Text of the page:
Some key points:
- Philanthropy plays such a large role in public affairs because public institutions around the world today are failing to meet basic needs.
- The style of philanthropy most commonly found today is “market-based,” whereby foundations are run on principles of commercial business. (A popular variation: “moneyball philanthropy” (borrowing from the book about winning baseball teams) that claims donations should go to the organizations with the best-looking empirical data.
- The vast majority of impact funds (in an impact investing market soon approaching $1 trillion) have operating models that closely mimic those of traditional investment firms, which are notoriously insular, secretive, and unaccountable to anyone besides shareholders.
- The slogan of the disability rights movement — ”nothing about us without us” — has become a rallying cry for greater participation everywhere.
- PF shifts decision-making power to people with lived experience of the problem at hand . . . . The funder gives a voice to people who don’t usually get a say in the decision, voluntarily letting go of power in the process.
- The inside argument for PF: shifting decision-making power will result in better decisions, tapping into lived experience and perspectives beyond the ivory tower. (In other words, an argument for efficacy.)
- The outside argument for PF: the moral and ethical obligations that come with a commitment to justice dictate this kind of approach. (In other words, an argument for equity.)
share this segment by right‑clicking icon to copy linkRadically Rethinking Retirement
What if the following 5 assumptions about savings, retirement, and investment are not only misleading but “unsafe”?
- People should have 401(k)s and IRAs.
- Our money should be invested to grow.
- Everyone can save for retirement.
- Individual accumulation will keep us safe.
- Retirement is normal.
That’s what the Next Egg, a network of people taking over their retirement assets in order to self-direct and redirect them in socially transformative ways, is asking — and in a pretty dramatic and fundamental way.
Here are a few of their comments taken from their “New Directions for the Next Egg”:
- 401(k)s and IRAs: “They basically trap our savings on a path of supporting deepening inequality and ecological destruction.”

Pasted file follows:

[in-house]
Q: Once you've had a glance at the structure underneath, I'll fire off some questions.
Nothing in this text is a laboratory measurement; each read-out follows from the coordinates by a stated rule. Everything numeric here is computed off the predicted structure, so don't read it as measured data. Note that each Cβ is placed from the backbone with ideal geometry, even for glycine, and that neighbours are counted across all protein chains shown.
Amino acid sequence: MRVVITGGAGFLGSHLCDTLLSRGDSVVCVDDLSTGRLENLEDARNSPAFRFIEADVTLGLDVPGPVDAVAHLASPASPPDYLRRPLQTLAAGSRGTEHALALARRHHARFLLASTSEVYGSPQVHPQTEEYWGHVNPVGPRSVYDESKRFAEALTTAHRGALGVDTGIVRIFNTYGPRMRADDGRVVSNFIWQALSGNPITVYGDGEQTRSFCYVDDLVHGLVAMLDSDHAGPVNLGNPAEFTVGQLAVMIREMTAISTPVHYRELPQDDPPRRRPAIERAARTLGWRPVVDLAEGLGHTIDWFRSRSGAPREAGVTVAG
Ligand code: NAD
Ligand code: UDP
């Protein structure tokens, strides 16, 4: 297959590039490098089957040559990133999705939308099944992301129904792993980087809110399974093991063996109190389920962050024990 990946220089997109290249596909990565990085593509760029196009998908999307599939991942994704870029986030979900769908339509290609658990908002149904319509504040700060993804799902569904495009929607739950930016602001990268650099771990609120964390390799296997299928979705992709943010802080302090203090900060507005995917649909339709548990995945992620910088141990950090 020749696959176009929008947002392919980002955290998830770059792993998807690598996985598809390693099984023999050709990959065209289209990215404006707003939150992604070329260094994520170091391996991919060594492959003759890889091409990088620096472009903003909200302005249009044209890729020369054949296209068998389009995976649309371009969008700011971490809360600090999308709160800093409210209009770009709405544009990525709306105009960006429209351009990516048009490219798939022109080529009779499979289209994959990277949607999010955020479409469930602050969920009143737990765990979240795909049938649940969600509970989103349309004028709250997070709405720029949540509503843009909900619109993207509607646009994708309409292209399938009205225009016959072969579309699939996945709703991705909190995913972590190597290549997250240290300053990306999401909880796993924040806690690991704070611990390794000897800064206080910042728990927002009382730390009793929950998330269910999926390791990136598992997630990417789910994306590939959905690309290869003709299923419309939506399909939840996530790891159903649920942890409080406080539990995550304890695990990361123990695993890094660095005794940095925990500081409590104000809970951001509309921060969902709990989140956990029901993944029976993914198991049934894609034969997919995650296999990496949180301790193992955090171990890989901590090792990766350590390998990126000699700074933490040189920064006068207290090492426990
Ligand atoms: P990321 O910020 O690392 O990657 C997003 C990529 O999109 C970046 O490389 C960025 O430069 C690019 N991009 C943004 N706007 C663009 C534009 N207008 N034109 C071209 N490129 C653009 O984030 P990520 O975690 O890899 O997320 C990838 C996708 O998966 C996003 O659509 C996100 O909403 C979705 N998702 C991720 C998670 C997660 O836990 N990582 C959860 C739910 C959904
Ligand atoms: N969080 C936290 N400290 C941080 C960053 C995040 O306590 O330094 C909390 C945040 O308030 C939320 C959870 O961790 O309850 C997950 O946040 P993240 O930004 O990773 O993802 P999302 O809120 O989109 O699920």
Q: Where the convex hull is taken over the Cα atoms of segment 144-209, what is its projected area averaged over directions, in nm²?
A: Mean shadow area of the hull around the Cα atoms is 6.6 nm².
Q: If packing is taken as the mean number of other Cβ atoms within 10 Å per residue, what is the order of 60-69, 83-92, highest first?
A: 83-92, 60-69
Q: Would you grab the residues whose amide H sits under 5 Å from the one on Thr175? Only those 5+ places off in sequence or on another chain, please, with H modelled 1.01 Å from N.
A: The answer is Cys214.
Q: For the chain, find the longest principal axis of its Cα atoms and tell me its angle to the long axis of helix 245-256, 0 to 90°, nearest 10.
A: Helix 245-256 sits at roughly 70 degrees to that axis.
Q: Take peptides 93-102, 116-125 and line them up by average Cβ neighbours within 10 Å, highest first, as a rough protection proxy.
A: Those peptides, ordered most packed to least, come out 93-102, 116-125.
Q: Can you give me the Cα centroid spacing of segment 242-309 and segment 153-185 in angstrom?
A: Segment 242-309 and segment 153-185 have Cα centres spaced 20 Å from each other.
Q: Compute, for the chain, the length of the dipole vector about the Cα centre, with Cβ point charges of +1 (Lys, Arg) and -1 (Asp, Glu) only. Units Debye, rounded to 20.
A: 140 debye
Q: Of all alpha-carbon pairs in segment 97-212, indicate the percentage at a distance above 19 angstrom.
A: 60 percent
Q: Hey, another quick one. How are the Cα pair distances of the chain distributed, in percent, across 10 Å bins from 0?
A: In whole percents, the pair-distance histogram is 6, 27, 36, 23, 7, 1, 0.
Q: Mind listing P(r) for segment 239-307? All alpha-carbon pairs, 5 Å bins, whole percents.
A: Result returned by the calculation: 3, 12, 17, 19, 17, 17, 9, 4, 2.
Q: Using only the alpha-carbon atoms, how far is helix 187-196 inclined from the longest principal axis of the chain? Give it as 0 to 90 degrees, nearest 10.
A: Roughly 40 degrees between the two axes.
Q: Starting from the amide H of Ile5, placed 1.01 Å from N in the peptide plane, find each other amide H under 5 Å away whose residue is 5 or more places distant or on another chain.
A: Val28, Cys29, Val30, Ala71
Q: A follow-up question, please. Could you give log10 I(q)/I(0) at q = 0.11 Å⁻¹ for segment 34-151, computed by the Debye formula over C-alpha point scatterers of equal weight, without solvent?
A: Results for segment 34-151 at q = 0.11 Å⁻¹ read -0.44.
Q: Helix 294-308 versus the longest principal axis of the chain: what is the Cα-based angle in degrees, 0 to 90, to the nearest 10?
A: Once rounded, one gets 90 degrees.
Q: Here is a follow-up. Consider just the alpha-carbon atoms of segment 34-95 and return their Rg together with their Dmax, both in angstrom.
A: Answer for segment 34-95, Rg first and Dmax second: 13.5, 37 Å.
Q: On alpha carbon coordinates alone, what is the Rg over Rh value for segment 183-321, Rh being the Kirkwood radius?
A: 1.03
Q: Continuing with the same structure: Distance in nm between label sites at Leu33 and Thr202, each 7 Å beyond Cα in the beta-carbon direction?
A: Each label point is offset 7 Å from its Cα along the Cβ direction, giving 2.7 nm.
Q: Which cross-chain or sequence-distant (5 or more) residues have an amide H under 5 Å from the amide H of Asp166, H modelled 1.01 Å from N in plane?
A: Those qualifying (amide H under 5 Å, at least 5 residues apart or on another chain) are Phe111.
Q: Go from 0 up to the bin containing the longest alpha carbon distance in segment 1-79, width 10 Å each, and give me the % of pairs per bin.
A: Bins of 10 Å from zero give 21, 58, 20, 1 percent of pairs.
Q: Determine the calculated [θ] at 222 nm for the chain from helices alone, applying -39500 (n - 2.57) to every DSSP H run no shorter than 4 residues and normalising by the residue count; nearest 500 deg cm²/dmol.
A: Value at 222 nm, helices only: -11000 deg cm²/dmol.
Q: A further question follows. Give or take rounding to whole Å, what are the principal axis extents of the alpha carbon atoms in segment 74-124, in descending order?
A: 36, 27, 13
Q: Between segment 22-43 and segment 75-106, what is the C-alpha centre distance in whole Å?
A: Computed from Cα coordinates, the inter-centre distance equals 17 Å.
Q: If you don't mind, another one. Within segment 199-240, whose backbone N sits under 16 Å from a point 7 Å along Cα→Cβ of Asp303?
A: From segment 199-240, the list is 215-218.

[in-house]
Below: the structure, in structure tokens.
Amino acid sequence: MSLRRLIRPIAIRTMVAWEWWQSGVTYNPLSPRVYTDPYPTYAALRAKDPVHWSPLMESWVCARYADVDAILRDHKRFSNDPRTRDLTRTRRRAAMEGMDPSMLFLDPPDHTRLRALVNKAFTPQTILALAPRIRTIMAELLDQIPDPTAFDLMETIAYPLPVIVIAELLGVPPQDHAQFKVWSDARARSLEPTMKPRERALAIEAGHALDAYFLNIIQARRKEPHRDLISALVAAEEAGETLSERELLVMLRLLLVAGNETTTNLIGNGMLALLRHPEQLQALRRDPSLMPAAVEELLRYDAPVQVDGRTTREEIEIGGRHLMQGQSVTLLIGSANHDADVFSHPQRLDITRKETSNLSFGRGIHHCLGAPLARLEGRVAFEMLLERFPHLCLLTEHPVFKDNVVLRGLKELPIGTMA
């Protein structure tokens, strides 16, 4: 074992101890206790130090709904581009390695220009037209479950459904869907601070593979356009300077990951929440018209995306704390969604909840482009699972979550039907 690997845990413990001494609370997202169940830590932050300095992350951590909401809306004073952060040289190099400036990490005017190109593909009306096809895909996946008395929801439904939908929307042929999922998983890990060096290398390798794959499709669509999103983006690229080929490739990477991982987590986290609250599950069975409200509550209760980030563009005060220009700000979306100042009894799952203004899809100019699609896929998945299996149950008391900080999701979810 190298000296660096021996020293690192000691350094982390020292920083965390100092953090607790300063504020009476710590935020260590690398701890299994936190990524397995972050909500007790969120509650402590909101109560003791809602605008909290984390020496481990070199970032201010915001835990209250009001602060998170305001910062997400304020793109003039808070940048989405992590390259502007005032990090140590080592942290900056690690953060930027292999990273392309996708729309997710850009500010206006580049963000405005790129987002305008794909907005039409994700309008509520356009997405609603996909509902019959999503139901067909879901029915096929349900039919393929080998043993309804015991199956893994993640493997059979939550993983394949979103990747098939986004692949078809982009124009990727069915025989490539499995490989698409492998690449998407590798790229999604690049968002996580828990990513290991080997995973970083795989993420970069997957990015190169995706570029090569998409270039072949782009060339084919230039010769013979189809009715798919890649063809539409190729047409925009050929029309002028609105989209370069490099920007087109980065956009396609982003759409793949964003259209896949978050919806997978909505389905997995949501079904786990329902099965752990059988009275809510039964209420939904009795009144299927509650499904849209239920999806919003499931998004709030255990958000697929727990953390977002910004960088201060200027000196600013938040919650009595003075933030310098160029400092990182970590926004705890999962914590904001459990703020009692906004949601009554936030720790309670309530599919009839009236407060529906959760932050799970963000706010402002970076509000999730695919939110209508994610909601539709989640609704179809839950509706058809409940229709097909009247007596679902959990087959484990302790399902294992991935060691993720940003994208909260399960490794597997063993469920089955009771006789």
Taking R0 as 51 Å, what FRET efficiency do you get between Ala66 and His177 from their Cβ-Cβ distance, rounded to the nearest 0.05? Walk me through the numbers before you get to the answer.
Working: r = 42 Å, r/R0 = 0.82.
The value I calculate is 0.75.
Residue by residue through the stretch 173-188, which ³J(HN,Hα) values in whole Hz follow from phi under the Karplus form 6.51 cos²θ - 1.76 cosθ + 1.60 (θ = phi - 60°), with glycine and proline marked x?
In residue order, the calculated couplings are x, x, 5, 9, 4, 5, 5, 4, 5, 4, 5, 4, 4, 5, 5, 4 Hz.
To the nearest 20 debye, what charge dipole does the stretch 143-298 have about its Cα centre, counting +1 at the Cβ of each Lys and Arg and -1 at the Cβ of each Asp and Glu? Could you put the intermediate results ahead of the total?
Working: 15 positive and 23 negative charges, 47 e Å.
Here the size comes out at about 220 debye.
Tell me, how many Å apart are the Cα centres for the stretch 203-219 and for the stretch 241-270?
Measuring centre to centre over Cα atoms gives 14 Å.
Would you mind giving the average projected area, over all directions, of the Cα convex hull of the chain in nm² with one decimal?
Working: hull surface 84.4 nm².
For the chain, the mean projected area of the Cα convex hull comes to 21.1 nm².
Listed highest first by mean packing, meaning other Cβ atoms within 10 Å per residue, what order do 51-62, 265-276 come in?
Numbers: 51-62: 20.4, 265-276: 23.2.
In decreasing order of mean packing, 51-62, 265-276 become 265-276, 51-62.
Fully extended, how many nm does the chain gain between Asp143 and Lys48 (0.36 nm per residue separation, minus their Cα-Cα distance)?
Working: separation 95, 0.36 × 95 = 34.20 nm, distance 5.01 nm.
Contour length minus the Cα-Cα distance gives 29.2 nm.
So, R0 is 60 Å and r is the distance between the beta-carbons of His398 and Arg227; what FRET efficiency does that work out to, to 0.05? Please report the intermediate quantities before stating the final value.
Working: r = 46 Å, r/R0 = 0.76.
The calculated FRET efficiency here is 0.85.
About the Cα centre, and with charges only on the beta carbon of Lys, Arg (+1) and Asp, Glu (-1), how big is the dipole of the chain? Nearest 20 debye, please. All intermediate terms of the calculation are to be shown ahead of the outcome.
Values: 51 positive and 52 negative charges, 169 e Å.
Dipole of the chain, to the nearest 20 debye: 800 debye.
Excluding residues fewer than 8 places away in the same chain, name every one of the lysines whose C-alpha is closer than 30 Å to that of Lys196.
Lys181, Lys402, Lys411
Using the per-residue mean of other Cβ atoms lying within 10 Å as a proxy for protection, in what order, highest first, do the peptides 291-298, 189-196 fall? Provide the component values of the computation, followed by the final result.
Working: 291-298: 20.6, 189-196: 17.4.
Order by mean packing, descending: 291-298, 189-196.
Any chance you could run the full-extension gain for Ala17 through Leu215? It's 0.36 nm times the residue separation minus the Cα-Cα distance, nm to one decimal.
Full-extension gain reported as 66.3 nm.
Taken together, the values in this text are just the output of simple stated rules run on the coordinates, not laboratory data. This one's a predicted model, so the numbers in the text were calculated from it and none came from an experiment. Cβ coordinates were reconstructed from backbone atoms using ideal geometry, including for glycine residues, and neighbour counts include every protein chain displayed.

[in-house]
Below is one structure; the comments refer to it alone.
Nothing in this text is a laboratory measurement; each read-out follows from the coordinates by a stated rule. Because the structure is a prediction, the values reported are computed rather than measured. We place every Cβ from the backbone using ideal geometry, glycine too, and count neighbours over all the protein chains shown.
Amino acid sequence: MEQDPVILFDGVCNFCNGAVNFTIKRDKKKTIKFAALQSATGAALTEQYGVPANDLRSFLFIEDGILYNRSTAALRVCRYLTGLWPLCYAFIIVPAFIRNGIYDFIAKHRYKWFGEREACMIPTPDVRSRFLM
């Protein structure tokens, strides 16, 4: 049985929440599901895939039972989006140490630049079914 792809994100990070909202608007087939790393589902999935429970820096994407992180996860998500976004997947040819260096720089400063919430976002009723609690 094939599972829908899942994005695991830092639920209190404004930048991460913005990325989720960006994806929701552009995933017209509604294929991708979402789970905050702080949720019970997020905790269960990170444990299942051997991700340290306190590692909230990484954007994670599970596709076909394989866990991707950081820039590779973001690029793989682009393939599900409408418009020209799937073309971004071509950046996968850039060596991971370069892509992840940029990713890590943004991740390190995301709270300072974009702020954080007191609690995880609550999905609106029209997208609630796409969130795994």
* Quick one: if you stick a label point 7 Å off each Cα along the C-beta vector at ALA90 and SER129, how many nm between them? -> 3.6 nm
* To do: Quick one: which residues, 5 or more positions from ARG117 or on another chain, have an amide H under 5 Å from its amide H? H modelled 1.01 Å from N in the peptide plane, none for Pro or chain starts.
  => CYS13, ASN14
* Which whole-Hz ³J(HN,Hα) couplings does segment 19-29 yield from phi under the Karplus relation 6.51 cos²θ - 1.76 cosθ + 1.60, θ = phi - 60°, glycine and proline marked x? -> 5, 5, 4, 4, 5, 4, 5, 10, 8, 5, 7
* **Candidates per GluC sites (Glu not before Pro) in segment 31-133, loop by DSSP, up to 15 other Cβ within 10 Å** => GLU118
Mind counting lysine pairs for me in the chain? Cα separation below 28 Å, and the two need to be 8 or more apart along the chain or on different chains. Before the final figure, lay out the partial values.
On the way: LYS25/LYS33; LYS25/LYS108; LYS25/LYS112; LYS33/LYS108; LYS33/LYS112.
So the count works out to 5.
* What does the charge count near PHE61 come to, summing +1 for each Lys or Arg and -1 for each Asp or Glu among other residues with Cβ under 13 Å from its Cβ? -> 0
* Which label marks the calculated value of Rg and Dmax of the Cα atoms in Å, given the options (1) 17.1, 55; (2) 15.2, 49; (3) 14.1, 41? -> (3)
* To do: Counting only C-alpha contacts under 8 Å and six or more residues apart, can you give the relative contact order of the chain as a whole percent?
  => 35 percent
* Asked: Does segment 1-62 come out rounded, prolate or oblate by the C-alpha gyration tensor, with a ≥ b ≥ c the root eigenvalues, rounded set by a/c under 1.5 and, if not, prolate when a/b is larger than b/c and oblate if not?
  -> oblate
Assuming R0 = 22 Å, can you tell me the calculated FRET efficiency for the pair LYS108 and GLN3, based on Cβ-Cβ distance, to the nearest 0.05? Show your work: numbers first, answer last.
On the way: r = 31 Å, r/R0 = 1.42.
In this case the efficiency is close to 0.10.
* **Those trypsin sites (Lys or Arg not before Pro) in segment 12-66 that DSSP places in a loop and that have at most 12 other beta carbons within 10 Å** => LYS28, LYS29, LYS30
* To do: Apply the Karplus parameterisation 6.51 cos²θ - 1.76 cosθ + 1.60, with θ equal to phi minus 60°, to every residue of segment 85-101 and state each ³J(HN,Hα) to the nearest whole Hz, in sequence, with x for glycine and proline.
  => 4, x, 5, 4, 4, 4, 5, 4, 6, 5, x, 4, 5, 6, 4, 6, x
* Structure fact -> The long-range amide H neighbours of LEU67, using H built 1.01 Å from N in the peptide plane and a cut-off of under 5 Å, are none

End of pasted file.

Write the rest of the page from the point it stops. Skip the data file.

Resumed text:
- On investing to grow: “The Next Egg believes that repair should be the guiding logic of what happens with any accumulated wealth. . . . The Next Egg will begin shifting our attention away from investment models that turn money into more money. Instead, we will lift up, experiment with, and learn about collective wealth building models, where the most important ‘return’ is growing trust that we can meet our collective needs for food, water, shelter, clean air, and more.
- On saving for retirement: “Only 31% to 49% of people in the U.S. have enough savings to support themselves for 3 months. . . . The Next Egg will no longer treat retirement savings as ‘normal.’ We want to center and normalize the majority of people who have little to no retirement savings, while supporting others to grapple with the quandaries of having accumulated retirement savings.”
- Safety via individual accumulation: “We do not believe any amount of accumulation will make individuals safe from the physical and emotional suffering that drought, fires, floods, food shortages, and other climate emergencies may bring. We need another approach to our collective safety.”
- Retirement as normal: “If we build a new economy around a fundamental right to have our needs met, then we disconnect our ability to survive from our ability to do paid work. The ways that all of us find belonging and contribute to our communities can become infinitely diverse and evolve naturally throughout our lifetimes, such that there may no longer be a certain age at which we want or need to stop contributing.”
Coming in Issue 18, January 11
- A conversation with Erik Forman of Driver’s Co-op
- Books: Morgan Simon’s Real Impact
Article ideas? Submissions? Helpful suggestions?
Contact the editor: email@example.com.
- Elias Crim, Editor
founder, Solidarity Hall; former business journalist and publishing consultant
- Júlia Martins Rodrigues, Contributing Editor
attorney (Brazil); visiting scholar, law, University of Colorado Boulder; PhD candidate, civil and constitutional law, University of Camerino
- Daniel Fireside, Contributing Editor
founder, Uncommon Capital Solutions; board member, Namaste Solar; capital coordinator, Downtown Crenshaw Rising
- Zoe Crim, Editorial Assistant
B.A., linguistics, Indiana University Bloomington; co-founder Fair Trade group
- Paul Bowman, Design / Content Mgr.